A Reclaimed Wastewater Allocation Optimization Model for Agricultural Irrigation


  •  Ahmed Aljanabi    
  •  Larry Mays    
  •  Peter Fox    

Abstract

Climate change, pollution, civil conflicts, political instability, and a high rate of population growth all contribute to water shortages in Iraq which are predicted to increase in the future. Due to the importance of agriculture in Iraq which forms more than 75 percent of total demand, a sustainable agricultural water allocation scheme is necessary to find practical and applicable water conservation measures that helps mitigate the impact of potential droughts and water shortages. An agricultural irrigation reclaimed wastewater allocation optimization model was developed to optimally allocate crops and reclaimed wastewater (RW) on cultivated farmlands in order to maximize the net benefit. The optimization model is formulated using mixed-integer nonlinear programming (MINLP) solved by the branch and reduce optimization navigator (BARON) in the general algebraic mathematical solver (GAMS). The model maximizes the net farm income to determine the cultivated crop assigned to each farmland using three types of reclaimed wastewater (RW); tertiary treated wastewater; secondary treated wastewater; and primary treated wastewater. Constraints in the optimization model include: (1) reclaimed wastewater availability constraints and (2) irrigated farmlands constraints. The optimization model has been applied to 7045 hectares of farms located in the Alrustumia district to the south east of Baghdad, Iraq with 5.5 × 105 m3/d of treated wastewater. The use of tertiary treated wastewater provided the greatest net benefit under most scenarios evaluated while primary effluent provided the lowest net benefit as only low value crops could be cultivated.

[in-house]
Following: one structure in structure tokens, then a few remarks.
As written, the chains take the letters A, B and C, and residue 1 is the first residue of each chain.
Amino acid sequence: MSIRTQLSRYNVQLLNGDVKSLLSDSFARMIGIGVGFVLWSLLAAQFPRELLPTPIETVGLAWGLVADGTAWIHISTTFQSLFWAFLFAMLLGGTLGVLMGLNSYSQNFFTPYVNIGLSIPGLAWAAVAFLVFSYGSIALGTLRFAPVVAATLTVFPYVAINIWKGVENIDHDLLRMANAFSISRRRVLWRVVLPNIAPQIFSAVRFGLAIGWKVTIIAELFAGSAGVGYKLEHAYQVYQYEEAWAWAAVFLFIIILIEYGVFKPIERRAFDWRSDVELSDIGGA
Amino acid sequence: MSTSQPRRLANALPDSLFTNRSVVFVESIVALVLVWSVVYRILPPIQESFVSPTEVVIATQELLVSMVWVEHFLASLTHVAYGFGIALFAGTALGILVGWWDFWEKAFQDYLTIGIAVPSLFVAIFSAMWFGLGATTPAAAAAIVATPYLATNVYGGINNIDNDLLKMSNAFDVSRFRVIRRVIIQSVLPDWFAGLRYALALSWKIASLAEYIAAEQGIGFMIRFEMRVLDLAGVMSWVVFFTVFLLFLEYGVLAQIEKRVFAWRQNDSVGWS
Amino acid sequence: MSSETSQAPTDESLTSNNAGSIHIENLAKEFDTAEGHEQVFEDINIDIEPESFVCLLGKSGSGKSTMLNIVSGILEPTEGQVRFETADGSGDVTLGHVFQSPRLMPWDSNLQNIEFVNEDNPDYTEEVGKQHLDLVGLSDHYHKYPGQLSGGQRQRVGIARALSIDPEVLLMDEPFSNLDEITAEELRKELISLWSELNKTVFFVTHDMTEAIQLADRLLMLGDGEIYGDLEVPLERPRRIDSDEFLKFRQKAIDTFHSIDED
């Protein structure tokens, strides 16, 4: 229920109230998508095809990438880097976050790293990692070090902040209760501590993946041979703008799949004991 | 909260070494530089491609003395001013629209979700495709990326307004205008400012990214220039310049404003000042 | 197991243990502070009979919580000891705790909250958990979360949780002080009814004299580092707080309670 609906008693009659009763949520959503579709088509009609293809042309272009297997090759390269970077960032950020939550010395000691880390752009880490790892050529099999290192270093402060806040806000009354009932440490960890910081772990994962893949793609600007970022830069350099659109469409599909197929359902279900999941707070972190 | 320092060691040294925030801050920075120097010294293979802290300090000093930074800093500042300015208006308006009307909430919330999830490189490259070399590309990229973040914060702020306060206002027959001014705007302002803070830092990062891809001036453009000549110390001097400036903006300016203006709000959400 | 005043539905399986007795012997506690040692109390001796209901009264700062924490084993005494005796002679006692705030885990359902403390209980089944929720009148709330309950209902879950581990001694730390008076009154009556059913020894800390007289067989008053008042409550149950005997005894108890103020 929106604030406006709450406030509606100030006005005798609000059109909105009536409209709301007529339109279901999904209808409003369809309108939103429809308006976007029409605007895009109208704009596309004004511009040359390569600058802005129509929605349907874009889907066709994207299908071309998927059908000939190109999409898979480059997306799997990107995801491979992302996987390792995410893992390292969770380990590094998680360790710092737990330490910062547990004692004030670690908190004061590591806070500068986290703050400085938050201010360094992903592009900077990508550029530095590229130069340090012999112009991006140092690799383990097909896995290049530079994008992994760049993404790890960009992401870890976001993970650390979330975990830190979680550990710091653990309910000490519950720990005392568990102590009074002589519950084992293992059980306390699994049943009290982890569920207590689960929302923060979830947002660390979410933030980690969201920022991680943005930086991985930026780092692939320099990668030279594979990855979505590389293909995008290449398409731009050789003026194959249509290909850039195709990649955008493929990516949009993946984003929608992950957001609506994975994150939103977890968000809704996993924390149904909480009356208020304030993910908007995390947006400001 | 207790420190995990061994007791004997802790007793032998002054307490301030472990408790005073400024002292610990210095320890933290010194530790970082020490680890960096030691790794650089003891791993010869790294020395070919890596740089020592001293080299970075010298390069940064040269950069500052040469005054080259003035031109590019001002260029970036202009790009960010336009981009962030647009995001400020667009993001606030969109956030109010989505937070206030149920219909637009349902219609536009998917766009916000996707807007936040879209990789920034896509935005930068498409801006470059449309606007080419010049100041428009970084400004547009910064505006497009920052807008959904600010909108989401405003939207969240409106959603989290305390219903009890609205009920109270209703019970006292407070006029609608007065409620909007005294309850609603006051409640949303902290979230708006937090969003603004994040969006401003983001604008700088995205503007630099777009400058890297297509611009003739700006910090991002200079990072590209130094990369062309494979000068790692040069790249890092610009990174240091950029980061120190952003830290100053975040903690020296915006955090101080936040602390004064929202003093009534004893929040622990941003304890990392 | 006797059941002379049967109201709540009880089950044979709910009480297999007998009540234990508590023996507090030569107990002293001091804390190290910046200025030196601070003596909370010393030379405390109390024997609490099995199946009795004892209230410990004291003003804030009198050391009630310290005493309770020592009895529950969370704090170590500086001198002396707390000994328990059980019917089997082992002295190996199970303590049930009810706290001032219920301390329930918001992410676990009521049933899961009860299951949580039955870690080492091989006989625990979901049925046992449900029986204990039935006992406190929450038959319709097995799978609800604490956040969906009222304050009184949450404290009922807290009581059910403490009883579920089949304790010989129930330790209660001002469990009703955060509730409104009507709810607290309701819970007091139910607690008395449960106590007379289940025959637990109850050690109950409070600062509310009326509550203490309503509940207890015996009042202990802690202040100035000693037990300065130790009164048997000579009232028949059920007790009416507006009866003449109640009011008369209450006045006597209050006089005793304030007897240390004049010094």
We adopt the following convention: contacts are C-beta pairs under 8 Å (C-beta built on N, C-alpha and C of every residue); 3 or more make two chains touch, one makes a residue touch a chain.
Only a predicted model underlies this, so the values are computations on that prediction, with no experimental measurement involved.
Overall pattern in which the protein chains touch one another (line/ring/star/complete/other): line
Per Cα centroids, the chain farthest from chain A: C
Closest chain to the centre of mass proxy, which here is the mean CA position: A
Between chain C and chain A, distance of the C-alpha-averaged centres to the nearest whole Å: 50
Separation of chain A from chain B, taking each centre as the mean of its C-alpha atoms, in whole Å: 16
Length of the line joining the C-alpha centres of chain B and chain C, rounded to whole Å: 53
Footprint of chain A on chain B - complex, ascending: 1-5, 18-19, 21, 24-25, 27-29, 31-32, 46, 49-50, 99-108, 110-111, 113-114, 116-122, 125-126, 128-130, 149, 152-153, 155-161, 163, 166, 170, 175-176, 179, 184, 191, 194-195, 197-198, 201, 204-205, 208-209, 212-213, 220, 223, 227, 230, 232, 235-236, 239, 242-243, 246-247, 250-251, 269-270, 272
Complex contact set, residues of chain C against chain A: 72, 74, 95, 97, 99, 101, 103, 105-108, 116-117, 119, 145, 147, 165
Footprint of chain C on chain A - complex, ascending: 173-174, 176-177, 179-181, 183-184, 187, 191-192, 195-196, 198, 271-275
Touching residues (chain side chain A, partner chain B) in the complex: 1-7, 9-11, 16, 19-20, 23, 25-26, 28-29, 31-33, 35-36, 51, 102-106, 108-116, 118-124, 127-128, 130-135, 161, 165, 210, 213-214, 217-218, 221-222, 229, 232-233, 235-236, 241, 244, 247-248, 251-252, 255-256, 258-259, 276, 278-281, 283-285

This work is licensed under a Creative Commons Attribution 4.0 License.
  • Issn(Print): 1927-0488
  • Issn(Onlne): 1927-0496
  • Started: 2011
  • Frequency: quarterly

Journal Metrics

Google-based Impact Factor (2016): 6.22
h-index (November 2017): 12
i10-index (November 2017): 19
h5-index (November 2017): 11
h5-median (November 2017): 12

Learn More

Contact